Is gastronomy only a set of recipes? Is the role of a contemporary chef merely to be familiar with cooking techniques or does he or she also have to know about products, nutrition, geography, history and even culture? And what about the value of local foodstuffs? If they are so important, is it right for us to use a Chilean salmon or rack of New Zealand lamb?

Tomas Rueda, chef at Tabula in Bogotá

Chef Tomás Rueda puts his food philosophy into practice at Bogotá restaurants Tabula and Donostia.

I think a cook must have a sense of social and environmental responsibility. I believe it is wrong to use, for example, endangered marine species such as grouper and octopus just because they are fashionable and “in season.” Also, when the time comes to buy our ingredients we should consider things that go beyond the resulting taste, fragrance or texture: the people we buy it from, its effect on the environment and its cultural significance.

It is not just a question of the restaurant selling and clients eating. In the case of seafood, for instance, I try to keep in mind the small communities of fishermen my produce comes from, and all the work and hereditary knowledge that goes into artisanal fishing, the kind you learn from your dad and where you only use a hook and a sinker. And the way it protects the environment and conserves such resources for future generations. These are intangible values which are easily forgotten when the chef only has his mind on speed, efficiency… and profits.

The same applies to the vegetables I use. I prefer to buy from a smallholder who cares for his water and soils and does not contaminate his crops with pesticides. Remembering that there is much more to cooking than a collection of recipes. And the superlative taste of an organic carrot compared to an agro-industrial one.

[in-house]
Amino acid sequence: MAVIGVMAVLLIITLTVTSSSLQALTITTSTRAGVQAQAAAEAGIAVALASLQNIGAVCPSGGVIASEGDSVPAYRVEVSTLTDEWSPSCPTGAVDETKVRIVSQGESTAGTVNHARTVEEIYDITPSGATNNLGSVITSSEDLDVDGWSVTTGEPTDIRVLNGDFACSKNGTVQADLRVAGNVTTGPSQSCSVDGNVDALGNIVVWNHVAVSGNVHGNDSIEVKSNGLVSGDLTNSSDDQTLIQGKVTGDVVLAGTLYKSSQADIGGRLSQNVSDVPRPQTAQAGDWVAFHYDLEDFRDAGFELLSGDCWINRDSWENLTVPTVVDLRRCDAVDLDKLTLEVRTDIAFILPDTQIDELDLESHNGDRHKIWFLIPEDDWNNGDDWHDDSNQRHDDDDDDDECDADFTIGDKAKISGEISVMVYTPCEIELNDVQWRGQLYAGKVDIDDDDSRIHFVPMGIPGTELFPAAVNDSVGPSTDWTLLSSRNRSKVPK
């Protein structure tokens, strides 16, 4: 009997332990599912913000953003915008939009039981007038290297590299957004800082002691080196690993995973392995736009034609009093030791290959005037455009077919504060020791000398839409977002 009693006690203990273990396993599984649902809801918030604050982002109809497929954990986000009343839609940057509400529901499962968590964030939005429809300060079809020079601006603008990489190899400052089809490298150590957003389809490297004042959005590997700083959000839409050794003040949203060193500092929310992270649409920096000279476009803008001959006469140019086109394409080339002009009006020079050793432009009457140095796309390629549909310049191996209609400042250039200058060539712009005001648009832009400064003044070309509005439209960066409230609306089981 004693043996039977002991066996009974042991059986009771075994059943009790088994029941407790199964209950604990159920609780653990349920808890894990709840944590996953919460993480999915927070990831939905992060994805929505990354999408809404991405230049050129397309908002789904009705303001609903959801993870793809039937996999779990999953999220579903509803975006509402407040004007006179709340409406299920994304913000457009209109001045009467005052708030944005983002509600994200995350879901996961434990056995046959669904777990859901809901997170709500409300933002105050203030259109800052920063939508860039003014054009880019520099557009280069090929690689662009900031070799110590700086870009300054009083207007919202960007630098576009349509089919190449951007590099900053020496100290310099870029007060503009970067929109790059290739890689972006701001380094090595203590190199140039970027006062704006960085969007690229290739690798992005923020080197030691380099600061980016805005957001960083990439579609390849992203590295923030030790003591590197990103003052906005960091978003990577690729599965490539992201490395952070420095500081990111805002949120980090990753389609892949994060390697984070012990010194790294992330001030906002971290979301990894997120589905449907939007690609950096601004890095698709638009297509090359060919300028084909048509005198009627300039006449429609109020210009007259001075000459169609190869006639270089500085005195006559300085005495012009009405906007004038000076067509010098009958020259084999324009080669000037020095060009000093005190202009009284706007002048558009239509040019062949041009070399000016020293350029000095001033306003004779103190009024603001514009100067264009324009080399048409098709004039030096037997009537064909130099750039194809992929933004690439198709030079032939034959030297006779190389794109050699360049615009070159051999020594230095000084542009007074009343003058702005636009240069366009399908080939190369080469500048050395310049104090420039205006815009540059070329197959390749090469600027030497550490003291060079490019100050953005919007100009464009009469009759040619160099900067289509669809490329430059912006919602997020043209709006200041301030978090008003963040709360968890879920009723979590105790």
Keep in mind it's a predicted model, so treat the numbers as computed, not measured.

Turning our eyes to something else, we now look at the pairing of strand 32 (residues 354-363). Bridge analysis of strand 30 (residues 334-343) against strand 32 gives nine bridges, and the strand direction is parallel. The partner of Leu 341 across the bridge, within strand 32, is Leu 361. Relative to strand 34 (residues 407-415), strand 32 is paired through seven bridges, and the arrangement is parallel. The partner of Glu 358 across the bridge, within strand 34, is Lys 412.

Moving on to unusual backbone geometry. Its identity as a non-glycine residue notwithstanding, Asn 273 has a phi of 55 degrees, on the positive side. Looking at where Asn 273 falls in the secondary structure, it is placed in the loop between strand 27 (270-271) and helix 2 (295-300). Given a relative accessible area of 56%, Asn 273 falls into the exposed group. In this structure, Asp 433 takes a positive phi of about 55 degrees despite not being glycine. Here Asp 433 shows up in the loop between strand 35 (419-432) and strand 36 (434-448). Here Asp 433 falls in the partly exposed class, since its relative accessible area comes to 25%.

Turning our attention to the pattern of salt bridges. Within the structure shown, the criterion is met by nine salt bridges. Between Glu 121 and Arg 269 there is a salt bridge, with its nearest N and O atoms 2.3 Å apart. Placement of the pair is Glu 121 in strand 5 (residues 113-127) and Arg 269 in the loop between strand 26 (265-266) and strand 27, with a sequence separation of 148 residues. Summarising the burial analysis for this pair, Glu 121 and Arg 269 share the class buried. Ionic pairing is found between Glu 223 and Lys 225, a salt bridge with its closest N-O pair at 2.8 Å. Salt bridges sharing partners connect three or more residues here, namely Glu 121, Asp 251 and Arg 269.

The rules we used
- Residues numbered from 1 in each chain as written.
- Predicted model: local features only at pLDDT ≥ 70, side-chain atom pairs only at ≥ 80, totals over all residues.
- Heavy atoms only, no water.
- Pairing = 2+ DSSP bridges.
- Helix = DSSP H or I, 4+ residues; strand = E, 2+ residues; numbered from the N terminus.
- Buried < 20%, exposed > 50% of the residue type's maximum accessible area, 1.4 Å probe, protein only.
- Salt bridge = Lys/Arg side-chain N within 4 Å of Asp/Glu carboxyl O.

A couple of years ago I decided to take a break from the stove and examine what I wanted out of life, both as a chef and a person with a certain responsibility towards my society. I stopped working and set out to wander, to walk. I needed to look at my surroundings and see what lies inside myself. I wanted to see new things, reflect, understand the relationship between my dreams, life and the kind of cooking I hoped to do. And if it meant that I only had a few pesos in my pocket, so be it!

It was a question of rebuilding the foundations of my craft from the ground up and it is a beautiful one, no doubt… so long as it would allow me to express my great affection for the countryside and the farmer who works and lives in it. I believed that the world needs to change and bringing the best of Colombian products to our tables would be my small contribution to that.

I sought to realize my ideal that the person who eats in a restaurant in the city might see the reality of rural Colombia in every dish that I serve: its rivers, seas, mountains and valleys. That he or she would be more aware of the peasant-farmer who plants native varieties of maize and cares for the seeds his ancestors handed down to him. I hoped that my clients would come to understand that the rhythms of the countryside are different than those of the city and it isn’t the end of the world if a certain kind of cheese or meat is not available on a particular day. Buying produce from the countryside and working alongside the small farmer is not the same as buying mass-produced stuff in bulk.

Unexpected things happen when you work like that, and for me it’s great that not everything is parceled out and controlled. I wanted to find the possibility of building a better society…with my frying pan! And now that I am gathering the fruits of that adventure, I would like to invite all of you to join me in that quest this year. As the Colombian painter Pedro Ruíz says of his marvelous exhibition, Oro, I would like you to join me in “a joyful journey through this beautiful territory of Colombia. Because there is a big difference between a country and a territory, for the latter is much richer and more colorful.”